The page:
Mountainwatch | Matt Wiseman
If Japanese cities were ski resorts, Ishikawa prefecture would be the best backcountry zone you’d ever laid your eyes on. It’s capital city Kanazawa essentially a pillow zone with enough things to do, and all in such close proximity to one another, that you can and will return again and again. Far removed from the crowded lift lines and haemorrhaging rental stores that might be Tokyo, Kyoto and Osaka in this extended ski metaphor, the rural foothills, seaside fishing villages and remote mountain temples that surround what has become ‘Japan’s fourth city’ in Kanazawa is a Japan waiting to be explored.
Where the approach to most of the best backcountry terrain can be long and arduous, Ishikawa is a proximate gift. The skin track comes in the form of the Hokuriku shinkansen, a 260km per hour bullet train introduced in 2015 which reduced the travel time from Tokyo to a mere 2 hours 30 minutes as it slices through the mountains and sprawling towns like a knife through the regions famous Noto beef.
I caught the very same shinkansen in February this year and spent three days touring around Ishikawa.
I met my ‘backcountry’ guide and translator Ms Yuki Nozaki at Kanazawa Station – an instant breath of fresh air thanks to its navigability compared to Tokyo station where I’d been disoriented just a few hours prior.
Only staying long enough to slurp down ramen – as Ms Nozaki informed me it is polite to do – we soon boarded another train, the Hanayome Noren, bound for Nanao and Wakura on the Noto peninsula. While traversing the countryside of Western Honshu up Noto, the craggy appendage that stabs 30km out into the Sea of Japan, it was necessary to swap the blistering pace of the shinkansen for a slower experience more emblematic of the region we were now in. What better vehicle than the so-called ‘ryokan on wheels’, the Hanayome Noren, essentially a time capsule of traditional Japanese crafts and cuisines.
It is said the original settlers of Japan, the Jomon, first arrived in Noto and it certainly feels like a bastion of a bygone Japan. In the enjoyably deserted Ipponsugi-dori shopping street I met Mr Masayuki Kitajima, of the Kitajimaya Chaten (Kitajima Tea Shop). There I ground my own matcha tea and he spoke of the many nuances surrounding a traditional tea ceremony. Where those customarily last four hours and are undertaken in silence, but for the sound of the matcha grinding mortar and pestle type device, here, Kitajima-san broke the silence of Noto with anecdotes like how at one of the annual tea master ceremonies someone suggested drinking tea and was laughed at…
Before checking into our ryokan for the night, and inspired by the ryokan on wheels that brought us here and was decorated after the style, we visited the Hanayome Noren Museum (Bridal Curtain Museum). Opened in 2016, the museum offers a guided tour of real bridal curtains up to 200 years old. Like most activities in Wakura, the museum was empty so it feels like a private tour.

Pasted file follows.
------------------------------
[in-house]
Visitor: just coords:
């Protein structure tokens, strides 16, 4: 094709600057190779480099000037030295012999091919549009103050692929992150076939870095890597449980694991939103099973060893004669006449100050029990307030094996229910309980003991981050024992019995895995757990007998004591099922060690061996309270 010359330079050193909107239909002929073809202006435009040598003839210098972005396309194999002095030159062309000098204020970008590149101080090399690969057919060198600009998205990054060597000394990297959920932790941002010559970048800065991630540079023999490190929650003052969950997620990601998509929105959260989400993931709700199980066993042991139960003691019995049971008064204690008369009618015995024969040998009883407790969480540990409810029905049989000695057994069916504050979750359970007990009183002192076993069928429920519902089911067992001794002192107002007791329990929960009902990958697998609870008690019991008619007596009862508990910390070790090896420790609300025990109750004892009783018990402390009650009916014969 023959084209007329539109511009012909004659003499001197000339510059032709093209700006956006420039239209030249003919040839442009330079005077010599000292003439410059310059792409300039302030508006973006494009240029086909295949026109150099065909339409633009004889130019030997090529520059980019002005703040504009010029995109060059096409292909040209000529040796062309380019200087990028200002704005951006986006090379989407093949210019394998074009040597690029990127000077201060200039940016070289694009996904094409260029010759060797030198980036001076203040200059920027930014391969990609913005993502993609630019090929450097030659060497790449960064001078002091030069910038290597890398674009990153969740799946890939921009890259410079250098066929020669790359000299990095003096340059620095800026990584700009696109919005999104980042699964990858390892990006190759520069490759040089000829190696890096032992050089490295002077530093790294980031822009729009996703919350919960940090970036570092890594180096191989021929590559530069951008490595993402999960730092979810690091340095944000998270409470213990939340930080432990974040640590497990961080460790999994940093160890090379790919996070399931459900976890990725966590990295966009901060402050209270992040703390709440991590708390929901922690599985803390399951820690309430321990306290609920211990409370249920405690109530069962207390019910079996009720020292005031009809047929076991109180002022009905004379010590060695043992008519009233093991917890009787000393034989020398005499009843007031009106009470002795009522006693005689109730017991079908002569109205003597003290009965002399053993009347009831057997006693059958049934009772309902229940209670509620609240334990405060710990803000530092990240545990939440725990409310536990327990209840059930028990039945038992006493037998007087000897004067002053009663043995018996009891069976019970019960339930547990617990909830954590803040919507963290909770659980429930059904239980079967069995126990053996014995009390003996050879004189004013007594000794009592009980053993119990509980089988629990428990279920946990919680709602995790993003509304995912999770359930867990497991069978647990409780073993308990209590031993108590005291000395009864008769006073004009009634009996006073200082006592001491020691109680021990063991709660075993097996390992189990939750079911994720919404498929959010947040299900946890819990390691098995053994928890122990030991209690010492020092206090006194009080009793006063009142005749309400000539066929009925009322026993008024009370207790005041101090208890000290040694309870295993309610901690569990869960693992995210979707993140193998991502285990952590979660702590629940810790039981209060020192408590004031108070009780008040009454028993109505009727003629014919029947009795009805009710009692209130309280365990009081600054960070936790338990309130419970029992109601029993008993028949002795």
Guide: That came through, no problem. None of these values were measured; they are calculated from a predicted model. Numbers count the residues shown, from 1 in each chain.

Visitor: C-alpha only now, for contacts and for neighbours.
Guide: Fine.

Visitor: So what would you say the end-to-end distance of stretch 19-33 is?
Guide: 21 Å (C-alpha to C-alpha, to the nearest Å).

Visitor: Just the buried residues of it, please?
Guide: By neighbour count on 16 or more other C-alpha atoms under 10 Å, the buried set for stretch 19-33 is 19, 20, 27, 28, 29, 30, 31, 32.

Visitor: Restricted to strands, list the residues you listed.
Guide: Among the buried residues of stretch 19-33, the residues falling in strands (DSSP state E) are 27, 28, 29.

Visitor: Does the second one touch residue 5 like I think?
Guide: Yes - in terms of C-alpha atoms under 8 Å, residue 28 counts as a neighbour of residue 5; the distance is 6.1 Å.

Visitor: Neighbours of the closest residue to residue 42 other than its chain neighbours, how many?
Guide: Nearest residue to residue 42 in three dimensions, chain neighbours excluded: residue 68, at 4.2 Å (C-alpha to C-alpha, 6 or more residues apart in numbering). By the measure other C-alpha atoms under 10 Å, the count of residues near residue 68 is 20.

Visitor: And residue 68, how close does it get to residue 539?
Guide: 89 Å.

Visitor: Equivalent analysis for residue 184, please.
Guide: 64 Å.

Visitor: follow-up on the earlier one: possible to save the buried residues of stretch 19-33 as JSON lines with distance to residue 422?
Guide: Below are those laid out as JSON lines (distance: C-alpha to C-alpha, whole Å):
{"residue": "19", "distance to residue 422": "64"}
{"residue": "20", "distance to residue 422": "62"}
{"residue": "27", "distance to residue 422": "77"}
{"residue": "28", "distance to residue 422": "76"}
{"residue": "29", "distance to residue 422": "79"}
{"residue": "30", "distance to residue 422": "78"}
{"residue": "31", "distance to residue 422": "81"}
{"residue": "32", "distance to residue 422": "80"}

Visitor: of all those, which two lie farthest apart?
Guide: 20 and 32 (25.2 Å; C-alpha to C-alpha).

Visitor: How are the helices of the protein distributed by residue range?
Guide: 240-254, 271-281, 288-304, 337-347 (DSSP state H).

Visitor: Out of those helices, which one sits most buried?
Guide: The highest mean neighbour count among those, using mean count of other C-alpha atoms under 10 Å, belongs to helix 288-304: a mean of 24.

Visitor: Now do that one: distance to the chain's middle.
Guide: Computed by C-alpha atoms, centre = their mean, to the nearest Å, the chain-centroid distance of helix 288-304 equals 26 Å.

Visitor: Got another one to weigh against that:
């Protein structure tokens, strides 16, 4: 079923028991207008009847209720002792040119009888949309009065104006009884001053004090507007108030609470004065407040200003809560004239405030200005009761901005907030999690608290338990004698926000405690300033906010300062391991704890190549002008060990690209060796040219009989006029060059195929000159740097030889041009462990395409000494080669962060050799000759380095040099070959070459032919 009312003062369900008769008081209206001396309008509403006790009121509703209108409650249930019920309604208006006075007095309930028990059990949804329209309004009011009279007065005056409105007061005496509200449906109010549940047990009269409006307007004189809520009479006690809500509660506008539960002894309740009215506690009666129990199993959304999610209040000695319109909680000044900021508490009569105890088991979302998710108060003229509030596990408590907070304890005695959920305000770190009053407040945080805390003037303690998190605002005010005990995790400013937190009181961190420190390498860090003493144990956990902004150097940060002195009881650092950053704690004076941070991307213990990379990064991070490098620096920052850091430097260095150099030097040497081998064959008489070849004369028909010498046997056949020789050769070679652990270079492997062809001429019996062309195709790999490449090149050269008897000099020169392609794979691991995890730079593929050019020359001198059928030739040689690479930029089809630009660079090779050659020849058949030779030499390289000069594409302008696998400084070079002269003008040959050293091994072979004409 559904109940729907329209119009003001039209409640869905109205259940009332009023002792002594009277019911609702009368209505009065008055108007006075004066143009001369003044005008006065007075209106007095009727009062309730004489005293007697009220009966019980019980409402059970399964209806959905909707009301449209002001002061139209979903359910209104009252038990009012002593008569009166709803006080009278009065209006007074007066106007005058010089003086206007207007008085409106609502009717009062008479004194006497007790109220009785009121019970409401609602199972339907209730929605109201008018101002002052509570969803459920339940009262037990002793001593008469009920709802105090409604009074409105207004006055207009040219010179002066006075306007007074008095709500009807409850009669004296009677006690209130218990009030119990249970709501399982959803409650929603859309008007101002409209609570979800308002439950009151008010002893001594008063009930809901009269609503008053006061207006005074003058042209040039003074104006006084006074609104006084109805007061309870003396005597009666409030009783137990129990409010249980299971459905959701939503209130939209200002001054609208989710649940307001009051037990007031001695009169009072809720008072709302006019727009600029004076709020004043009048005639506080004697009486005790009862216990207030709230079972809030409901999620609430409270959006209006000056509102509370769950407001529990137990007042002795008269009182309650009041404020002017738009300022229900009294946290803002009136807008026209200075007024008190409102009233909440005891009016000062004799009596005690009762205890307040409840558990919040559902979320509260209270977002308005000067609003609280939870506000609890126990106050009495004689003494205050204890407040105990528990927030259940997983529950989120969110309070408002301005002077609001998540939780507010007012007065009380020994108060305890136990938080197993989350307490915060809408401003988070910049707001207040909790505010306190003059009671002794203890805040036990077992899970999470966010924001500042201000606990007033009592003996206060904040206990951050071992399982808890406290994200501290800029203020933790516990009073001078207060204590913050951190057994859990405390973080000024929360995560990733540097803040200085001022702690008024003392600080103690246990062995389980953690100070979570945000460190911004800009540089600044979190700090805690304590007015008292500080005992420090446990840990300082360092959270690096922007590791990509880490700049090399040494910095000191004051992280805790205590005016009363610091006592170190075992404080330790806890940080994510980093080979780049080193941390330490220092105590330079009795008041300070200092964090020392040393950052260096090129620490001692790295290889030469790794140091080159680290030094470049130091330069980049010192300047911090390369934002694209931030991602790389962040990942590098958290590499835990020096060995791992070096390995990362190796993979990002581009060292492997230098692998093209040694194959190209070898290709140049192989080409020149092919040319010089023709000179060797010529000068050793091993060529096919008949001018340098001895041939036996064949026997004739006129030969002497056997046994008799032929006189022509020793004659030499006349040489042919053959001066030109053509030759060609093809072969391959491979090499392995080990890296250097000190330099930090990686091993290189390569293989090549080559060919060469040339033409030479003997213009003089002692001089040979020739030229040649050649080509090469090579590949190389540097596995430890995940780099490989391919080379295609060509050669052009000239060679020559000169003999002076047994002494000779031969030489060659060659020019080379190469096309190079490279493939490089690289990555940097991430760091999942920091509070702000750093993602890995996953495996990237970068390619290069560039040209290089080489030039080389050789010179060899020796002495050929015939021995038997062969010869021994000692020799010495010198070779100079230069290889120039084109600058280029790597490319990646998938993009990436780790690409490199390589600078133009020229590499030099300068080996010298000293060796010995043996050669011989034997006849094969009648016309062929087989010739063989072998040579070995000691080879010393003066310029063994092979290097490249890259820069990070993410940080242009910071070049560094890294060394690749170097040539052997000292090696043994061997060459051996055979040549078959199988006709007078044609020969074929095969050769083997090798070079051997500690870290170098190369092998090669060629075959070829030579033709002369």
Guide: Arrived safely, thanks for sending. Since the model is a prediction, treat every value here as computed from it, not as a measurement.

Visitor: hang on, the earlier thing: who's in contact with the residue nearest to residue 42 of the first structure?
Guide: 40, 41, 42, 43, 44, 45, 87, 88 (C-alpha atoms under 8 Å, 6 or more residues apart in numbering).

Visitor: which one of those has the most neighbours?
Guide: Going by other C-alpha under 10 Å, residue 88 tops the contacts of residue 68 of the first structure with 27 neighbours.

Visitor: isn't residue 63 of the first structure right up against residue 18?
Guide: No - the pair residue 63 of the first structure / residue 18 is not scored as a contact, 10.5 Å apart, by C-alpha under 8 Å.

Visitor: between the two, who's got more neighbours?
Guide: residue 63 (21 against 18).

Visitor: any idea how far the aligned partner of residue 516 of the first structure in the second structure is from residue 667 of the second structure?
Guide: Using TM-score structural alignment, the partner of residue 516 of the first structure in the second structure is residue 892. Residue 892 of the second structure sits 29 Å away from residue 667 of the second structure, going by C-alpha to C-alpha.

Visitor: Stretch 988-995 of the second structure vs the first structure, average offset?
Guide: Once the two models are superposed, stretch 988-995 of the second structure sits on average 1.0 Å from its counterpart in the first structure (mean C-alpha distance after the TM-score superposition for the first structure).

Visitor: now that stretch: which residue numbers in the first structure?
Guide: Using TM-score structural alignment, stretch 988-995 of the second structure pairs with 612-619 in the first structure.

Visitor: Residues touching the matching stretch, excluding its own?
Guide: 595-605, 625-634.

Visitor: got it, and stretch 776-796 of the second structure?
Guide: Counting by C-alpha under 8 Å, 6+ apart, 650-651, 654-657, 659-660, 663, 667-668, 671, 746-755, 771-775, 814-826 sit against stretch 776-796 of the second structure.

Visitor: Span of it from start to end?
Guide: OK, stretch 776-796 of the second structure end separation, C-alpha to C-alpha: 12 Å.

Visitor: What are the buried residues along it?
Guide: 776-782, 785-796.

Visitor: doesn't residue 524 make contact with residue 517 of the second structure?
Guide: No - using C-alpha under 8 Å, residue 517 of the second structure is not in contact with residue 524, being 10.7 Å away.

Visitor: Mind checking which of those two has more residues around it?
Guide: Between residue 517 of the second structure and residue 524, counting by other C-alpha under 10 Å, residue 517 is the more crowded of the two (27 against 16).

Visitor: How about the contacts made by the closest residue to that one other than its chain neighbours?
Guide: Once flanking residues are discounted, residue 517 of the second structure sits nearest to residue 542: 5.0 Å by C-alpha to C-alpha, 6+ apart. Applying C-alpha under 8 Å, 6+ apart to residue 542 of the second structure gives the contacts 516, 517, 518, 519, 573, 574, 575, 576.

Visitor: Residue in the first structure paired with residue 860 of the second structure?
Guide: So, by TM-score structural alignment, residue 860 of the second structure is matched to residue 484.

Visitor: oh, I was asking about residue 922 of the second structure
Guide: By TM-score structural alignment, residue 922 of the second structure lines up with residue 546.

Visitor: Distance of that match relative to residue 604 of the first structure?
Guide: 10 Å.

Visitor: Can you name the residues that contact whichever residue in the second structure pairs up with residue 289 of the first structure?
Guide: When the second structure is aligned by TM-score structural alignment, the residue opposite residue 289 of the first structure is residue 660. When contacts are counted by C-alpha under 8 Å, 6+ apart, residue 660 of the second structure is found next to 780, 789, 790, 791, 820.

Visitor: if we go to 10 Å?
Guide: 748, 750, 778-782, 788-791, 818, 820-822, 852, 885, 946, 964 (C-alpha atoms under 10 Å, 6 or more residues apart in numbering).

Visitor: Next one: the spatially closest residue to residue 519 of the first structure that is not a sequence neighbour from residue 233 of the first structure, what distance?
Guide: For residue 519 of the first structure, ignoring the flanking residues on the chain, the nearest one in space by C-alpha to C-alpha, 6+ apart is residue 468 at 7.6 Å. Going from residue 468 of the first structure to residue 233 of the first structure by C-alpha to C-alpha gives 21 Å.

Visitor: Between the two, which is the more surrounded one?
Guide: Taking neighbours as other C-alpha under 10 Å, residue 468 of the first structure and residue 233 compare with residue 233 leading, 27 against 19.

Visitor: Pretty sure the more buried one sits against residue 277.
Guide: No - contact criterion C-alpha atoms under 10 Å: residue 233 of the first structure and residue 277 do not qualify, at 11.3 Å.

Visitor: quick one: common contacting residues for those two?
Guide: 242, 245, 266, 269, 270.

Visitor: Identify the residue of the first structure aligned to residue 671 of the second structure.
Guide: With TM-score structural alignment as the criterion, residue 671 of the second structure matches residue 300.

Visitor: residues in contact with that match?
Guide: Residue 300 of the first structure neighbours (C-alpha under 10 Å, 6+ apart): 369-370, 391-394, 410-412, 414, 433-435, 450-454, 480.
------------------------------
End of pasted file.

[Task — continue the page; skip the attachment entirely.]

The town of Wakura, while being a window into tradition, is undoubtedly most famous for, of all things, its water. In 1880, Wakura’s water won third prize at a global mineral springs expo in Germany. While I wouldn’t drink the famous kind, you can do anything from dip your hands, feet or boil an egg in the designated public baths scattered liberally throughout town.
Naturally, it follows that most accommodation options in Wakura come with an extensive Onsen offering, perhaps no more than Wakura Onsen, which was founded over 1,200 years ago. I stayed nearby in Hotel Kaibo and there enjoyed the same acclaimed water with views out across Nanao Bay.
The following morning, the tour continued with a stop at nearby Seirin-ji Temple. Tucked away in the foothills overlooking Wakura, we took the resident priest/caretaker Hamada-san by surpise. He was knee-deep in gumboots scrubbing radishes in his driveway.
Once Hamada-san swapped the gum boots for more traditional garb (crocs), he led us through the Gobenden building of Seirin-ji Temple. Adjacent to the temple itself, the Gobenden building is perhaps even more of a landmark and locals make bookings to attend and mediate here. It was constructed in 1909 to welcome the Imperial Family to Wakura for the first time, where they stayed for a measly two hours – their loss if you were to ask Hamada-san. But as a result, the finished product is as bespoke as such temporary digs come, and the coved and coffered hinoki cyprus ceiling is a work of art. Fortunately, unlike most makeshift royal accommodations, the building was not demolished after the visit and nowadays doubles as Hamada-san and his wife’s living quarters.
“Please ring the bell if you want to see inside” reads a sign at the entranceway where Hamada scrubbed radishes. So, I asked him if this was to stop people surprising him in the act of radish scrubbing, but instead he mentioned it’s to prevent a repeat of the Canadian who traipsed dirt through the building by wearing shoes inside. Don’t be that guy when you go.
Bidding farewell to Hamada-san who had local’s to meet for their 10am meditation, we started charting a course back to the UNESCO city of Kanazawa, this time in a slightly less aesthetic but speedier train, having sampled just a few of the cultural delights on offer in this outcrop surrounded by the sea on three sides.
As the saying goes, “gentle is Noto and so are its hot springs.”
Stand by for Part II covering Kanazawa’s many must-do activities and sights.